and have found that, because the central nervous system
closely interacts with the body's immune, hormone, and
clotting systems, adverse experiences in a child's life,
especially repeated ones, can
change how the organ systems function later on. This
process is known as "biological
embedding" and could take years or even decades
before symptoms start to show.
ACEs in Rural America
A 2015 HRSA report (no longer available online) found
that rural children are more likely than urban children
to experience certain kinds of adversity. This and other
research prompted the Maine Rural Health Research Center
to go a step further to find out how ACEs have affected
rural and urban adults. Dr. Jean Talbot was lead
researcher for the Center's
Adverse Childhood Experiences in Rural and Urban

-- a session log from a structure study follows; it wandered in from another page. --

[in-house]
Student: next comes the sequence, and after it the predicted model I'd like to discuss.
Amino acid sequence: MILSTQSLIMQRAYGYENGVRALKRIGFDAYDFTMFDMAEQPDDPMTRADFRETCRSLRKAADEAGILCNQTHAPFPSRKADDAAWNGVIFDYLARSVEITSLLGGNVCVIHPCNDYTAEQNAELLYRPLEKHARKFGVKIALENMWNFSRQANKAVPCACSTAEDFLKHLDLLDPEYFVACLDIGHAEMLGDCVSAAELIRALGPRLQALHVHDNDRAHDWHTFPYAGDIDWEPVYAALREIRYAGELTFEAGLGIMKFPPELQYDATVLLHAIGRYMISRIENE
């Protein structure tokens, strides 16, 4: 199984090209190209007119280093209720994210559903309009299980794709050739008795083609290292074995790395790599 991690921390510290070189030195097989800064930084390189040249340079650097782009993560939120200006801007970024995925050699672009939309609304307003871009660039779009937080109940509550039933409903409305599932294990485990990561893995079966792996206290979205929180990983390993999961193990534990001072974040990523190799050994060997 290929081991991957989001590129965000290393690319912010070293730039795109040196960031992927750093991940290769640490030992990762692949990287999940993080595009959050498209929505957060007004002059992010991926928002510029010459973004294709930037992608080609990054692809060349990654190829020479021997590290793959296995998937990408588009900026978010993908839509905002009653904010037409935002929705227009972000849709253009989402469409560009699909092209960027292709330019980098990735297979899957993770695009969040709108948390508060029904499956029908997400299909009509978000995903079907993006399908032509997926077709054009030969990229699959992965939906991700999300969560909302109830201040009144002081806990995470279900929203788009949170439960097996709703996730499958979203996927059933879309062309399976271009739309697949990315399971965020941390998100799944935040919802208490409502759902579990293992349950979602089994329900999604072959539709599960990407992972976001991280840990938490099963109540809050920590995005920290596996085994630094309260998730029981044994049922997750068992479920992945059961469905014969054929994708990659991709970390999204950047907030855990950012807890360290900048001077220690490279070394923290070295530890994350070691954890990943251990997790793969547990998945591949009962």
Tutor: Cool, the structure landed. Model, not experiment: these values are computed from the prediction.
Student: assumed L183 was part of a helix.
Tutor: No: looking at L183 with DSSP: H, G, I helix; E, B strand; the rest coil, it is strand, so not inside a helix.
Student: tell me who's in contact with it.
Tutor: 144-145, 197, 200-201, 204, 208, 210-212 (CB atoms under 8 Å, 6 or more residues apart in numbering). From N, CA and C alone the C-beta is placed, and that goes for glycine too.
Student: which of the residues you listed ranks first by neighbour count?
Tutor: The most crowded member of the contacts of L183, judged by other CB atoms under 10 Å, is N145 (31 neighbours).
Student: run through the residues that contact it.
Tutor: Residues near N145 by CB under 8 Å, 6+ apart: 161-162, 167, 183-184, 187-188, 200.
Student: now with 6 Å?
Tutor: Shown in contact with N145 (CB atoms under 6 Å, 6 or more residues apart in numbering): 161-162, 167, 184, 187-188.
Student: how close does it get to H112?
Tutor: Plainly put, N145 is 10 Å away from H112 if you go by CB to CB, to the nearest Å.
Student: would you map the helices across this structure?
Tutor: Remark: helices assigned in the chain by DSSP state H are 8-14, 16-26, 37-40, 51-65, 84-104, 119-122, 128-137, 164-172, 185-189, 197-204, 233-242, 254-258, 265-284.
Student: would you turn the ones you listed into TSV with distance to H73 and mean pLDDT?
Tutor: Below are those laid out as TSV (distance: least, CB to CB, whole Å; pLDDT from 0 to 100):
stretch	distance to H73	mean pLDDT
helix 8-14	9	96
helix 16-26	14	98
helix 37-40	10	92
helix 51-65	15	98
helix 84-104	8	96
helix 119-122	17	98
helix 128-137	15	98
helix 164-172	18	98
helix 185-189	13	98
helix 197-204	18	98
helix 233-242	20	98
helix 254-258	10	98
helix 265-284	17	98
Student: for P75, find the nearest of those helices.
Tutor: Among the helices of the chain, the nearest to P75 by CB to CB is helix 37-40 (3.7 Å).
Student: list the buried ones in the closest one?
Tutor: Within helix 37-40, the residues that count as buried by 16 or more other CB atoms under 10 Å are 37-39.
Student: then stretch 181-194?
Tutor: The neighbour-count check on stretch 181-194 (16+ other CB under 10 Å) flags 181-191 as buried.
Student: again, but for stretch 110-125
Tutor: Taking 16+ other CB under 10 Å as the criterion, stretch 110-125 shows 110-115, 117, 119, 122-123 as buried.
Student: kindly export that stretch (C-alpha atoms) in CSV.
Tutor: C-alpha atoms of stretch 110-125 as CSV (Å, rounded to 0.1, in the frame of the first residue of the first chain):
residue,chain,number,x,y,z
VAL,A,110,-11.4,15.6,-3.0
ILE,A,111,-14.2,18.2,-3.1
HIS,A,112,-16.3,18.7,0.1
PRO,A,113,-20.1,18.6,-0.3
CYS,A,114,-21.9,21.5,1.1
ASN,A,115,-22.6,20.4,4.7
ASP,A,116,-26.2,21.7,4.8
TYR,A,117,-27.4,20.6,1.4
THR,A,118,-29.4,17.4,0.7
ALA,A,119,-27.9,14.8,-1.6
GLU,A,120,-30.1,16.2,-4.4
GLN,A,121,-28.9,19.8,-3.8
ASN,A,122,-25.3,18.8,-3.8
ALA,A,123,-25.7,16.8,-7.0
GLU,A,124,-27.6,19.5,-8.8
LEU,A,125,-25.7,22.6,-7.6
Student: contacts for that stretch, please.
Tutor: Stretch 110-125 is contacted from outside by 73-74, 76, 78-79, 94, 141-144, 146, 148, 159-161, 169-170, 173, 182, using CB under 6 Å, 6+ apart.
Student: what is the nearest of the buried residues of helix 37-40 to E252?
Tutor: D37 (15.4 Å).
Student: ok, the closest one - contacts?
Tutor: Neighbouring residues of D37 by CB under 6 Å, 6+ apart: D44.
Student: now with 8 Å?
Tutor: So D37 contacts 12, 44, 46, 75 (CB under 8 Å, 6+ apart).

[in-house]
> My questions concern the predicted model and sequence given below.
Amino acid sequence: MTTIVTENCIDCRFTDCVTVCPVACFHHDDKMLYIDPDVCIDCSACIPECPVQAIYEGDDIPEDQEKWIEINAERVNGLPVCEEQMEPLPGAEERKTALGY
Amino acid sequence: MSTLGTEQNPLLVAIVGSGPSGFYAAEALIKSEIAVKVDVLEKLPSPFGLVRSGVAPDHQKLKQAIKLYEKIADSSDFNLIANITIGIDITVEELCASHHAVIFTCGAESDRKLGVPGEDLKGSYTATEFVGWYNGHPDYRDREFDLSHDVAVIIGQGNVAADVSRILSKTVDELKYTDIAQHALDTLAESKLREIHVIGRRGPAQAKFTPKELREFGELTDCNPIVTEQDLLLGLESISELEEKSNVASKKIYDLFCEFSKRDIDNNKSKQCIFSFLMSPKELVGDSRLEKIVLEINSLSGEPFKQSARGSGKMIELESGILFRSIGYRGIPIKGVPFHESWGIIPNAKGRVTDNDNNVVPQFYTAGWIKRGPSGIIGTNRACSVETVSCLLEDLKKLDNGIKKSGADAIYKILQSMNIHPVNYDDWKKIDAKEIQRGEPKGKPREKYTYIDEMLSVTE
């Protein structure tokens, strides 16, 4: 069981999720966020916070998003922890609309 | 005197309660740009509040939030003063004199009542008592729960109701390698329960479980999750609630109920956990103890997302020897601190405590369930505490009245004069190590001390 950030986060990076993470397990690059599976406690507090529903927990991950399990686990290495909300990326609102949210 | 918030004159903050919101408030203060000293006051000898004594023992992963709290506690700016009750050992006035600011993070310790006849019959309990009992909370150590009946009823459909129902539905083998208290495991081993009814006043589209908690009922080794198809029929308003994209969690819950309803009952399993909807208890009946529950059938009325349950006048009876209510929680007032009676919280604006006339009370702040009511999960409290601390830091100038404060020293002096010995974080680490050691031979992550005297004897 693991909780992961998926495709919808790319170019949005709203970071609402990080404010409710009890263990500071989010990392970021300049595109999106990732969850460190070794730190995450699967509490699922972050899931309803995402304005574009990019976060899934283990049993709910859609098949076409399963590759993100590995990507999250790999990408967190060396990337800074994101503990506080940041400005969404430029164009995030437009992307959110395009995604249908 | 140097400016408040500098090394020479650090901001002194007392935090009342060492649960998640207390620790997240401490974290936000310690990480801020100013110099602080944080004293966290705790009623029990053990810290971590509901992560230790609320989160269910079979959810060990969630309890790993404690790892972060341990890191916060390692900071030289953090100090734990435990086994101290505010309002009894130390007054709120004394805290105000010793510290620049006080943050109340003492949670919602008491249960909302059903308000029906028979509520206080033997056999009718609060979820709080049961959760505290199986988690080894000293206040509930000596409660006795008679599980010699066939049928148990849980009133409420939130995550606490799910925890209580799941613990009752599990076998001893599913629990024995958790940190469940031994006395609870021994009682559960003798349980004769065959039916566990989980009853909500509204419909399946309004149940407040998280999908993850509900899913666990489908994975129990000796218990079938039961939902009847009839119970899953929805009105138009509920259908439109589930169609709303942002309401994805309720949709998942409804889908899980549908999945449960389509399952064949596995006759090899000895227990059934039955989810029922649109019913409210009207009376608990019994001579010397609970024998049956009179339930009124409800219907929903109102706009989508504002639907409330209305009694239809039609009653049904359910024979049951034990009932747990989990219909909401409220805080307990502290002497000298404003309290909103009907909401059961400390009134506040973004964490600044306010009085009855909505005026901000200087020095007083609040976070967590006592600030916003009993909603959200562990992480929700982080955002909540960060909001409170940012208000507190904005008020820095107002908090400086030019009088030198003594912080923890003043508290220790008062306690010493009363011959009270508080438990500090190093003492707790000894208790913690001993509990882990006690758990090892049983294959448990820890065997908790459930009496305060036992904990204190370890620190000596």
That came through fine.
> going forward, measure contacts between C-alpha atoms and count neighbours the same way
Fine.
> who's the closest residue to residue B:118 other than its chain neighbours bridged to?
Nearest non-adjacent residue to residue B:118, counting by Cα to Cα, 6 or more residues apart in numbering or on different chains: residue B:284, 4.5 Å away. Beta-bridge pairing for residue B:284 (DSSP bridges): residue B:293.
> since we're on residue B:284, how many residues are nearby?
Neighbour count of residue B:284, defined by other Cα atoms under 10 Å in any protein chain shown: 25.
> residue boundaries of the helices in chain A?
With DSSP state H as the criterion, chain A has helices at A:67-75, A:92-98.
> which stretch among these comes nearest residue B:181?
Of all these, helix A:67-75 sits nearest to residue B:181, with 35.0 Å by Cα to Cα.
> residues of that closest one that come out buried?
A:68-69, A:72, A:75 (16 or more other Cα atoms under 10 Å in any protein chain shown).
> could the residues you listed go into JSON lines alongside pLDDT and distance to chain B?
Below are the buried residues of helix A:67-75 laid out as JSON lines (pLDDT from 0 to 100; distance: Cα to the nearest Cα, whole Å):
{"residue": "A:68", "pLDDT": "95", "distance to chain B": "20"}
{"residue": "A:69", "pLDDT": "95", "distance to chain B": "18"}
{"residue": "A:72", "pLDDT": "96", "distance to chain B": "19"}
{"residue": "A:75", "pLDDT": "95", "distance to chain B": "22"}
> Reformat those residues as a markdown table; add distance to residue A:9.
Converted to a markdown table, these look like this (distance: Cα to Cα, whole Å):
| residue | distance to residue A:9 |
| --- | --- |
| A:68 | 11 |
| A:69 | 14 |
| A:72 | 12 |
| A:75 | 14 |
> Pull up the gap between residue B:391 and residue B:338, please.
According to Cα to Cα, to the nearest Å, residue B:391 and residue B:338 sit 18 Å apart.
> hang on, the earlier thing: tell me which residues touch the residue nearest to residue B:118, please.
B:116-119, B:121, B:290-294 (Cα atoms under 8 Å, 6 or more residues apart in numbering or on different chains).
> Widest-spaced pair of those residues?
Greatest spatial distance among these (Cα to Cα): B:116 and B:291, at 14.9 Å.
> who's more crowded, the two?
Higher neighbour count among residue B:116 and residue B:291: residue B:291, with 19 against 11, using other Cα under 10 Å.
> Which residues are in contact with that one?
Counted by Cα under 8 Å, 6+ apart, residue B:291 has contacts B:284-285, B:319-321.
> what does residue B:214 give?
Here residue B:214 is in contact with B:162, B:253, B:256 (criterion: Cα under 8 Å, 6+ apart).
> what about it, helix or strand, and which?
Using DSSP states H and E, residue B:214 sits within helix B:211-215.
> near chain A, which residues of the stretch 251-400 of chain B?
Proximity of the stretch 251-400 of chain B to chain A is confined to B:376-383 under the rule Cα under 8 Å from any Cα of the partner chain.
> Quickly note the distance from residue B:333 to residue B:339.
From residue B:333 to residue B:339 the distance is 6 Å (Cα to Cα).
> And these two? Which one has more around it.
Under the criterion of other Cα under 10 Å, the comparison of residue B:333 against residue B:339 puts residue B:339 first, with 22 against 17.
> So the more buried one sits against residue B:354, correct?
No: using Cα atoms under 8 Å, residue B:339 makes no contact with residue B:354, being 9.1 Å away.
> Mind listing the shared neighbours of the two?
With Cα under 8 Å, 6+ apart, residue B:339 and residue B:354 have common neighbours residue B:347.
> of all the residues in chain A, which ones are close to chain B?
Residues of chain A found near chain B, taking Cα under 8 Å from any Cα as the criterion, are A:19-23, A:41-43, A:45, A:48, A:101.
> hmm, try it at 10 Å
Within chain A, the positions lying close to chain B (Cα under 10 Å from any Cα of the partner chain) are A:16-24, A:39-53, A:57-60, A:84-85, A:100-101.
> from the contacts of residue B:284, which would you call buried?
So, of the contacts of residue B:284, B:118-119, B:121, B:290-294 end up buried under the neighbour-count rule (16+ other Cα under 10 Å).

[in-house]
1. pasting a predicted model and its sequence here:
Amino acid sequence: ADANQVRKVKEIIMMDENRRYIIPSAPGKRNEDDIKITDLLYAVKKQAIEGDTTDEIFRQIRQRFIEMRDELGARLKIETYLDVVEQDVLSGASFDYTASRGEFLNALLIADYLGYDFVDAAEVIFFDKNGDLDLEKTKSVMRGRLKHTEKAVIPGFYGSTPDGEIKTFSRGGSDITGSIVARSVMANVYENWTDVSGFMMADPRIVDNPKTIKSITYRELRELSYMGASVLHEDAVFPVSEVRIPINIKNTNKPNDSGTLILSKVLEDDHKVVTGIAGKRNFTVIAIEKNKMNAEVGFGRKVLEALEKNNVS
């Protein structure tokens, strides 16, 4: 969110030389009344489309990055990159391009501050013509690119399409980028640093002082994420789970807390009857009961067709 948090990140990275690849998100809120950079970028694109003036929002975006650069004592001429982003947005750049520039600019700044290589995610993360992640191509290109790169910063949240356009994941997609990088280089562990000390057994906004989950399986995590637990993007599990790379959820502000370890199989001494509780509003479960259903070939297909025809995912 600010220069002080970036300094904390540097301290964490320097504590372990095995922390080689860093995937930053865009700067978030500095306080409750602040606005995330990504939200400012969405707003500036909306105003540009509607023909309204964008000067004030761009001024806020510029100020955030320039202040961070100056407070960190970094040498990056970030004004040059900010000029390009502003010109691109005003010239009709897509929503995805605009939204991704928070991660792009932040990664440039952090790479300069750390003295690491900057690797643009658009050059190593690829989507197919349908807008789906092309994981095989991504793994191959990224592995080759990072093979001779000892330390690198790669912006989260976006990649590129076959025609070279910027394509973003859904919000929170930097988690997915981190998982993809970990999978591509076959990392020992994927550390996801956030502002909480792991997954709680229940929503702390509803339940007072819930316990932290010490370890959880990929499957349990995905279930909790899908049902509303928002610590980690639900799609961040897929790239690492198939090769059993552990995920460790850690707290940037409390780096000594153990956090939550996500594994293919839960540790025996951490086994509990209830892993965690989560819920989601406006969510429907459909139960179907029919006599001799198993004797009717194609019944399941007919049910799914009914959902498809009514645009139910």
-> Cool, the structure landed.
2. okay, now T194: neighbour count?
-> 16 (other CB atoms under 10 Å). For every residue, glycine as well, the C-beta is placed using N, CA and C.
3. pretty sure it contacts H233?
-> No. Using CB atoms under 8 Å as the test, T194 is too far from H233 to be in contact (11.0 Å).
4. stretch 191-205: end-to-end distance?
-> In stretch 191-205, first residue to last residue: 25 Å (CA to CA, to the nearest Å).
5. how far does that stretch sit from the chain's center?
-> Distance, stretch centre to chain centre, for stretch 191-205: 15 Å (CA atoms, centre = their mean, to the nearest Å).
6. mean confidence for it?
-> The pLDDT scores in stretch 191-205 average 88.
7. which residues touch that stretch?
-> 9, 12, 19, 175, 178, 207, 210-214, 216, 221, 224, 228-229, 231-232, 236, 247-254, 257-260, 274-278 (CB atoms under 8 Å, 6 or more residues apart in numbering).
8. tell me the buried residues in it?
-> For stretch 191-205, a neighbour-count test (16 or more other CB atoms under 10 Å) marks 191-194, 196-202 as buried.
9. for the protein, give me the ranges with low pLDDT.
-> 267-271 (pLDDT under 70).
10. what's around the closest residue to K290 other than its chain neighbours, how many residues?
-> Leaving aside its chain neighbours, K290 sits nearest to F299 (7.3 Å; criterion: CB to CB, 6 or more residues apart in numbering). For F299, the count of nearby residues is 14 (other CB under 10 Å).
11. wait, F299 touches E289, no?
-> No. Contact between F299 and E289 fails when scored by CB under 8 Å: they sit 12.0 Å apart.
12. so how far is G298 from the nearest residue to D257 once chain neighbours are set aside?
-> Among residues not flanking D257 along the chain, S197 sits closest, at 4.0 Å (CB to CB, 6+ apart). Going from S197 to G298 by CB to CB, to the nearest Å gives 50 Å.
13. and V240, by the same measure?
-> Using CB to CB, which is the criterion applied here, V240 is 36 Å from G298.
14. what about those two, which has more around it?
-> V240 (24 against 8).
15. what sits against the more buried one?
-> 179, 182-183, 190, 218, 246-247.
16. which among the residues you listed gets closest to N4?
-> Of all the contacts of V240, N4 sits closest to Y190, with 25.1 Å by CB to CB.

Contexts study that was released in 2016.
Using the most recent available data from the Behavioral Risk
Factor Surveillance System Assessment (BRFSS), Talbot
and her team found that, while the prevalence of ACEs was
comparable in rural and urban adults, over half of rural
adults surveyed reported having ACE exposure. Among those
with any ACE history, about one quarter experienced four
or more ACEs.
The significance? "ACEs cluster together.
People who report having an ACE are more likely to have
more than one," explained Talbot.
"It's easy to think of ways that this could
happen. For example, if a parent experiences
incarceration or mental illness, this in itself is an ACE
for the children in the family, but it can also impair
the adult's ability to care for kids. So it may open up
the fault line exposing children to other types of
Talbot notes that their study's results have implications
on the health status of rural America: "We know